Young Londoners are invited to join a series of interactive online workshops facilitated by The Fandangoe Kid to explore experiences, challenges and issues faced during the pandemic.

Participants will produce type driven artwork which reflect the many narratives of the current times, truthfully and honestly. The workshops will experiment with typography, layouts and graphic elements, alongside mixed media and collage, to make bold and engaging statements, to gather a collective voice in response to essential questions concerning young people.

What you will need: Typography (newspapers/magazines/bills!), a scalpel/cutting knife and/or scissors, a cutting mat or a chopping board, large format paper, materials for collage, found objects, mixed paper, washi tapes, receipts, anything of interest in terms of colour palettes and found patterns, acrylic paints in bold colours and paintbrushes, ready made stencils.

Please note: these workshops are interactive, and we encourage you to have your camera on during the sessions to help us to interact better and to have more involved conversations, whilst we create our works. The sessions are not recorded, only people taking part in the workshops are able to view the workshops.

The learning from the workshops will become part of a larger visual art project as part of London’s World Mental Health Day 2020 Festival, taking place on 10th October.

Workshop dates and registration

Workshop: Simple and effective ways to maintain self-care and support our wellbeing

Tuesday, 25 August, 16.00-18.00

Register for this workshop here.

This workshop will explore the following questions and themes:

  • How do you look after your own mental health? What works for you?
  • What advice or useful techniques could you offer to someone struggling? Why is this so important?
  • Equally, what doesn’t work for you when you’re struggling with your mental health?
  • How can we work together to support each other with language and actions in a simple, daily practice that aids our collective mental health?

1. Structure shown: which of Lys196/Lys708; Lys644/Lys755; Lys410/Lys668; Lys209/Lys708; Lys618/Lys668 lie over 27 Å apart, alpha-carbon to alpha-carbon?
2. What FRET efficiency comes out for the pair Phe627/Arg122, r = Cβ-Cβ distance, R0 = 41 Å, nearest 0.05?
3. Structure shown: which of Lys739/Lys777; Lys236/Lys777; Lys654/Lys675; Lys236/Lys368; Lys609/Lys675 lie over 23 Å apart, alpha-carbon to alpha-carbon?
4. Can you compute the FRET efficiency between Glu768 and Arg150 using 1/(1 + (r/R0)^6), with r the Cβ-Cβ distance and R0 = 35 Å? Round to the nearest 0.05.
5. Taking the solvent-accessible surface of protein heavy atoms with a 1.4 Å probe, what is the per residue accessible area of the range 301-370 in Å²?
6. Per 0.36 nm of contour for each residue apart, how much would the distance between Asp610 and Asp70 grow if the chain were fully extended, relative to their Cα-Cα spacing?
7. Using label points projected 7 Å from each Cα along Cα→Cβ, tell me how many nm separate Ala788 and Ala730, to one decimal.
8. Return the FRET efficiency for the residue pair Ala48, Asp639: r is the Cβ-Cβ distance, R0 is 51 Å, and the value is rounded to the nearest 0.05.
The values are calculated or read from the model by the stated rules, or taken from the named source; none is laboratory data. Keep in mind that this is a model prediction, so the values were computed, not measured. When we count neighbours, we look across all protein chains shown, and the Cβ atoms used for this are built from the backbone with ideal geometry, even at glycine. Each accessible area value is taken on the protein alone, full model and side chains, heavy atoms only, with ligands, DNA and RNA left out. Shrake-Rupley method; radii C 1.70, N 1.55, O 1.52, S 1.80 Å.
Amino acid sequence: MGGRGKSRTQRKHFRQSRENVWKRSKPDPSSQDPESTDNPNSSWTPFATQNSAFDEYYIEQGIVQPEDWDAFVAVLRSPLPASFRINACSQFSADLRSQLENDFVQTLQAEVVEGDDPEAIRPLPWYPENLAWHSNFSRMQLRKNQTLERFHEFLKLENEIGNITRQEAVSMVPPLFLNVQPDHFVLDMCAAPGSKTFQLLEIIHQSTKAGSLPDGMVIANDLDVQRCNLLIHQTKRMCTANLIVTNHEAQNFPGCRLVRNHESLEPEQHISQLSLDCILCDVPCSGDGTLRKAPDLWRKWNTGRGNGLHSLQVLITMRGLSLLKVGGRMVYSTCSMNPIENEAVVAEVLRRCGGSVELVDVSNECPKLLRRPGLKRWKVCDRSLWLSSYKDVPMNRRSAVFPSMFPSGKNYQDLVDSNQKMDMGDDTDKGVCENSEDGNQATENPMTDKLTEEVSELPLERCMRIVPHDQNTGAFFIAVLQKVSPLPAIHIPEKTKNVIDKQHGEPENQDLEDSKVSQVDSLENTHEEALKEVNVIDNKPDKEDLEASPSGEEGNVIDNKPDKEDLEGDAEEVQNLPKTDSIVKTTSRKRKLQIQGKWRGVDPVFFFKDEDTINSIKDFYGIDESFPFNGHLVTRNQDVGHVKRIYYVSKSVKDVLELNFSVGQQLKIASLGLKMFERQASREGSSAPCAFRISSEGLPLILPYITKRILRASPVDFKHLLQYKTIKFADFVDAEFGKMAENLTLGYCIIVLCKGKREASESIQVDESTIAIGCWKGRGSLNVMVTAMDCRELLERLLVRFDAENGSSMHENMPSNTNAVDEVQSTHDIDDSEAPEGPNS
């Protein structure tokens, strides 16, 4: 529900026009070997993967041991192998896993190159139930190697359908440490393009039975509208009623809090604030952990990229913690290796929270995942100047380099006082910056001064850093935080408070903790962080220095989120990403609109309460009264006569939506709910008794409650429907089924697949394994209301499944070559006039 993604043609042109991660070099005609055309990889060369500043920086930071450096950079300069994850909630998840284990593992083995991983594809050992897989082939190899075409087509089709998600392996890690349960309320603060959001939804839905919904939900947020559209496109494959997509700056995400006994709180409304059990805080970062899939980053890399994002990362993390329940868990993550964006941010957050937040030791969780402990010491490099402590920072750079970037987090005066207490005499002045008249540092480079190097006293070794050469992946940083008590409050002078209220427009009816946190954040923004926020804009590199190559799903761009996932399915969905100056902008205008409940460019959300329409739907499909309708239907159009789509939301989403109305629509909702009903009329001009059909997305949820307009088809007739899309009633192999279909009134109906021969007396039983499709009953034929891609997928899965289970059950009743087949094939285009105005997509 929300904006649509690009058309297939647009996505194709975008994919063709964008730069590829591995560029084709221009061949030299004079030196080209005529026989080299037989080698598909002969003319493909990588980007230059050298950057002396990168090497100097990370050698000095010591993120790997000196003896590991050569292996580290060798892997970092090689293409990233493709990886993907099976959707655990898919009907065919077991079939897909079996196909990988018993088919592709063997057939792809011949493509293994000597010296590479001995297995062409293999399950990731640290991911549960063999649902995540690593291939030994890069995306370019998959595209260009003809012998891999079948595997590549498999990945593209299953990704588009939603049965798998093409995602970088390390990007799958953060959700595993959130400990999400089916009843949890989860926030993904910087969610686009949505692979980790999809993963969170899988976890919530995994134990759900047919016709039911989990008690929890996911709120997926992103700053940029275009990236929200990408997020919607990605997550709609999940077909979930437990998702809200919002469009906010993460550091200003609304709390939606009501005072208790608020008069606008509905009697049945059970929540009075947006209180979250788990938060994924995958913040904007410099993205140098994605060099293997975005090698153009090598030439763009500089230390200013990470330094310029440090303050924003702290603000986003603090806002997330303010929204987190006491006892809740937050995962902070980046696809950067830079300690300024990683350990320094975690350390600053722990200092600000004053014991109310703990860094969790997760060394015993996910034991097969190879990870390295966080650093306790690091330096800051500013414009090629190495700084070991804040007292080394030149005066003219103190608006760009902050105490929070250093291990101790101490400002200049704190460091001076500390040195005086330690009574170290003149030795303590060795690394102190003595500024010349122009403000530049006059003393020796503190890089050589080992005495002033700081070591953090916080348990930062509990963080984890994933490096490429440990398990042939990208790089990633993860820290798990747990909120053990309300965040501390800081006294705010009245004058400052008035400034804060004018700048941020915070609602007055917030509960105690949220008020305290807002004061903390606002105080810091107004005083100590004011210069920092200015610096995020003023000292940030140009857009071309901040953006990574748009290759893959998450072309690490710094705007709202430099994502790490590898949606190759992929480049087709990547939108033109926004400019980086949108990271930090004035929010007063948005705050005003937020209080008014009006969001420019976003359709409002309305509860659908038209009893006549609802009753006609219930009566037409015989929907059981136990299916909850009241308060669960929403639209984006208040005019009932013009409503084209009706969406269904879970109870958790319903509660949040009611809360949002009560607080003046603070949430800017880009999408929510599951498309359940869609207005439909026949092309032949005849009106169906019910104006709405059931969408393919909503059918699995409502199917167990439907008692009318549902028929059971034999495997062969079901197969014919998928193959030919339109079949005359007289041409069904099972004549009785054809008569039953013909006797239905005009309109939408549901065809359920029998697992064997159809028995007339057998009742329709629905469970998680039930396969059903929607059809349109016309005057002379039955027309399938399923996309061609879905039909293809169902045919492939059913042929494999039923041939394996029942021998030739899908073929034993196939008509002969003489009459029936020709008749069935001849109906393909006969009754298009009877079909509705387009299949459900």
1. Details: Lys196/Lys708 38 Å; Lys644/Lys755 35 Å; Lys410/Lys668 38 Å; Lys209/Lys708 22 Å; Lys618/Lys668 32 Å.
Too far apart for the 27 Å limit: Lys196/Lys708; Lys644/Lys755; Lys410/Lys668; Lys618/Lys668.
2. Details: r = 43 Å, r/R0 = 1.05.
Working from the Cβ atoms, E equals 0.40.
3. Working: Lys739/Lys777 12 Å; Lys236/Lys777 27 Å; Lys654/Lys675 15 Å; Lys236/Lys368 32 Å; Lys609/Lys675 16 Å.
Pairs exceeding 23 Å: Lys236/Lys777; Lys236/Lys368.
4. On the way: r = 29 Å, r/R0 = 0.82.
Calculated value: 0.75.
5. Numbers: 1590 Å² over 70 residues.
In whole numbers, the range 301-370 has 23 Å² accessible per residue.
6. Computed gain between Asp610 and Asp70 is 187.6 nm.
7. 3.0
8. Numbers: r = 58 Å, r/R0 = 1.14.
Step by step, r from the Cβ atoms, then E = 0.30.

Workshop: Post pandemic and a whole new world shake up!

Friday, 28 August, 14.00-16.00

Register for this workshop here.

The world has changed forever. People have spoken about a return to normal but for most of us the pre-pandemic world wasn’t actually working. We don’t want a return to normal, we want a whole new future with some radical change!

  • How can we maintain mental health and wellbeing when the future is so uncertain and so much has changed?

We have all had to address our mental health and wellbeing during lockdown, whether we are actively conscious of that or not.

  • Can we carry some of the new skills we have learned during lockdown into this new era?
  • How can we stay connected to the world and the rapidly changing news updates without damaging our mental health?
  • As we move into 2021, how can we navigate the uncertain present and future and still maintain some calm amidst it all?

About The Fandangoe Kid

The Fandangoe Kid is a London based print artist who makes large-scale narrative driven pieces for the public realm. She seeks to smash taboos around complex subject matters such as loss, trauma release, mental health and gender constructs.

She has created work for a wide range of purposes, most recently installing artwork on 14 metre pillar for University of the Arts London’s 120th year anniversary and a large-scale permanent piece of public art at the Southbank Centre for the charity CALM.

For World Mental Health Day 2019, she installed an 80 metre floor narrative at City Hall for the Mayor of London and Thrive LDN (below), addressing the connection between movement and mental health. Additionally, she screened her film Into Your Light, directed with Tara Darby, at Tate Modern and on the Manhattan Bridge, looking at dancing as a tool for survival following great personal loss.

Much of the artist’s work is driven by navigating her own story, following the loss of many individuals in her family back in 2011, her practice being largely underpinned by the will to create a platform for open dialogue around the still taboo subject of grief.

She has worked with young people in Hackney and inner city London for over a decade, her remit being to encourage young people from all backgrounds to know themselves better through their creative practice.